Responding to Nick Falvo on tuition fees

Recently, on my daily blog, I wrote an analysis (link to: of distributional effects of tuition reductions versus those of targeted grant programs and concluded that the latter were far more progressive in their impact than the former.  Grants can be designed to be as targeted as one wishes (entirely to the bottom quartile, half to the bottom and half the second, etc), whereas tuition reductions deliver vastly more aid to wealthier families than poor ones.  Partly due to differences in usage patterns and due to interactions with the student aid system, for every dollar in tuition reduction helps a student from the lowest income-quartile, three dollars goes to a student from the top income quartile.

In response, Nick Falvo wrote a piece here in Academic Matters (link to: saying that I was “wrong about tuition”.  It is not immediately clear upon reading Falvo’s piece how I was wrong.  At no point in the rebuttal is there any attempt at all to show that reducing tuition is not the most regressive policy option available for improving affordability; apparently this is a point he is happy to concede.  Rather, what Falvo does is to make a series of arguments about why tuition reduction is preferable to targeted grants despite their regressiveness.  While I appreciate the implied acknowledgement of my argument, I think most of Falvo’s rationalizations for a regressive policy are still flawed and deserve a rebuttal.

Falvo makes five separate arguments about the superiority of a free-tuition arrangement over a tuition plus-grant arrangement.  Two of these are scarcely credible.  The first is the idea that free tuition is more “efficient” than grants because the administration costs are lower.  This is of course true, but using the savings of a few tens of millions dollars (SFA admin costs in Canada run about five cents on the dollar)  as a rationale for spending billions of dollars elsewhere is the kind of argument which wins an “F” in public policy 101.  Another of Falvo’s arguments – that grants are worse than tuition reductions because some jurisdictions who prefer grants (dubiously, he uses Ontario as an example) increase the value of grants less quickly than the increase in the value of tuition – is similarly obtuse.  If that is in fact a problem, it’s not obvious why spending a large amount of money to reduce tuition for all, rather than putting a small amount of additional money into grants is the correct policy prescription.

However, Falvo does present three arguments which are well worth discussing.  These are, briefly, that targeted incentives can contribute to a “welfare wall”, that free tuition is a much easier policy to communicate than fees plus aid, and that it is politically easier to sustain a coalition for a universal subsidy than for a targeted one.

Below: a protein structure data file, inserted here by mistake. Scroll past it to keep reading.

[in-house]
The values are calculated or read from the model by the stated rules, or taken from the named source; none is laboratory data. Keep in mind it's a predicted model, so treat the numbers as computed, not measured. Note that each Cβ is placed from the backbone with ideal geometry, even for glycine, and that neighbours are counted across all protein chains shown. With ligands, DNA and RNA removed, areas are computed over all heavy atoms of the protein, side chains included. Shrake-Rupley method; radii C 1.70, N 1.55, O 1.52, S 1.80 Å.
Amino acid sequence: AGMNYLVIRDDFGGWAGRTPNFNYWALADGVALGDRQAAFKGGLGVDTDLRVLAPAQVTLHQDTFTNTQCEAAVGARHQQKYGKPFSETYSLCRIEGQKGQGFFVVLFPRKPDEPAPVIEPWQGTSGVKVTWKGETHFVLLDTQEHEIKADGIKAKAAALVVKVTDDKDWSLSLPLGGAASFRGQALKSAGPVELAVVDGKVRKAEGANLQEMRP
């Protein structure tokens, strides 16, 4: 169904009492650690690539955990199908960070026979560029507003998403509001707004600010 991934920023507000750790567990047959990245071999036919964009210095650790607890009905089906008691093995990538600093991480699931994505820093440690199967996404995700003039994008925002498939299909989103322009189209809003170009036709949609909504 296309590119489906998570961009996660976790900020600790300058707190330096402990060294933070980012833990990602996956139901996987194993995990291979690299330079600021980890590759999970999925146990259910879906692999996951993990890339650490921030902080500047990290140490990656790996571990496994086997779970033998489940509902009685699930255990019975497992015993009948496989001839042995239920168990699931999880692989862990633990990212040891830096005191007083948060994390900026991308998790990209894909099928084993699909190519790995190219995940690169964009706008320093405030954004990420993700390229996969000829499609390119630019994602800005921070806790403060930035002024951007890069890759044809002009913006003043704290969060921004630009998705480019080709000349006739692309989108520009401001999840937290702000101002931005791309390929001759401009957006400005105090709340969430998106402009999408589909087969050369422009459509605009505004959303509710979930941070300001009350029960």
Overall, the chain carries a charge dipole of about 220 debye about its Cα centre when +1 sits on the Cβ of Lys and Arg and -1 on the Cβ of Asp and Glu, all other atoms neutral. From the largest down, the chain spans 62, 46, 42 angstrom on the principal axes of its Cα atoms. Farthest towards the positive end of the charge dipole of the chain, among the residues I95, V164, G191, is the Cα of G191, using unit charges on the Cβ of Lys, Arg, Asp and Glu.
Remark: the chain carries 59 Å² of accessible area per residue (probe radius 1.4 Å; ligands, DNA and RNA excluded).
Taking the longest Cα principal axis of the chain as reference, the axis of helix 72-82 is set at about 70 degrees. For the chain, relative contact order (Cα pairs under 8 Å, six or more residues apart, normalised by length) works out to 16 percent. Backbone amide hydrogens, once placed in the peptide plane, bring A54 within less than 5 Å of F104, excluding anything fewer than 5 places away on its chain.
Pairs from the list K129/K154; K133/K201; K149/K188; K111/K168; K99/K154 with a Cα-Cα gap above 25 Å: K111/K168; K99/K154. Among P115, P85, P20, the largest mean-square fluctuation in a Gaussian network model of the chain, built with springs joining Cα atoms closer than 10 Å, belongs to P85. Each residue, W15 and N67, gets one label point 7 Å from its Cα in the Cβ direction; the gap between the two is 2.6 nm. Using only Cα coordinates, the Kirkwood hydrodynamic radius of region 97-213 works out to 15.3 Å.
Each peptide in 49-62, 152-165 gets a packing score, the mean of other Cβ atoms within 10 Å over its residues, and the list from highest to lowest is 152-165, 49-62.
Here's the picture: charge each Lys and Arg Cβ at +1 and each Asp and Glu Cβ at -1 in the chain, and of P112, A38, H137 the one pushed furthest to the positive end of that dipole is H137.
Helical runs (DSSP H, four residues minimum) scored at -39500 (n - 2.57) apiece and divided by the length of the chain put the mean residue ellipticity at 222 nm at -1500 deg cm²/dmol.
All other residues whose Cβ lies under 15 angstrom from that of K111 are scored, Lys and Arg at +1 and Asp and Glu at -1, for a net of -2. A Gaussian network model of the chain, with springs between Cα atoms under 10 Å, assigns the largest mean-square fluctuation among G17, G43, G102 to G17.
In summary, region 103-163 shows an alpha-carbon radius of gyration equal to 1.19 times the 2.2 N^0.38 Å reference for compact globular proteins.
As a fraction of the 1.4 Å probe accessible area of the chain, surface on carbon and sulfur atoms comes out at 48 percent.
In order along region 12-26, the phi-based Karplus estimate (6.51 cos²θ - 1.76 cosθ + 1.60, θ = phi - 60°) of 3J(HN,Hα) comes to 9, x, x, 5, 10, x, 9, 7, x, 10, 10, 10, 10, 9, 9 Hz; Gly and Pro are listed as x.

The first of these concerns – that targeted aid creating disincentives to work – is certainly well-grounded in empirical literature.  Especially where phase-out rates of income-support programs are quite high, they can create situations where it no longer pays to work.  However, this concern would seem to me somewhat overblown in this case.  Where grants are given out based on students’ own incomes, it’s irrelevant: they won’t create disincentives to work because students don’t want to work, they want to study.  The whole point of grants is to give students a chance to avoid working.  Where they are given out based on family income, the disincentive to work is less clear, since the person receiving the grant isn’t the one gaining the income, and the evidence for welfare walls operating on a cross-generational level is fairly thin.

The second point – that free tuition policies are easier to understand than a fees plus aid strategy – is hard to deny.  Canada does not do a very good job of communicating its subsidies for post-secondary education very well – but even if we did, sticker prices are simpler to understand than net prices.  The question really is how much that actually matters.  How much damage does poor communication actually do to access?  Is it sufficiently bad that we should spend an extra couple of billion on it?  For that to be the case, one would need to prove not simply that some people are deterred by financial barriers (undoubtedly true), but that they are deterred in large numbers because of their misunderstanding of extant financial incentives. It’s an empirical question – if this could be proven it would be a very strong argument in favour of universal fee subsidies.  But no such data exists.

The final point is what I consider the most depressing of Falvo’s arguments: that broader voting coalitions are easier to conjure up for universal programs than for targeted ones.  Even if that’s true (likelier than not it is, but it’s not a fully settled question), it is an appalling argument.  Stephen Harper certainly found it easier to sell the National Childcare Benefit than Paul Martin did to fund an expansion of daycare spaces (which in practice would have delivered a much larger benefit to a smaller group of parents), but that doesn’t make it good public policy.

At base, this final argument says that the best way to obtain money for the poorest students is to buy off the ones from richer families with huge windfall subsidies.  It rationalizes huge regressive subsidies in the name of necessity.  But honestly, what’s the point of having an interventionist state if it’s going to rig the game still further in the direction of the wealthy?

For me, the electoral argument is far too cynical.  We don’t have to settle for a system where it costs us three dollars in pay-offs to top-quartile families for every dollar that goes to low-income ones.  Real progressives should want to do better than that.  It’s a bit of a tragedy that they seem so intent on not doing so.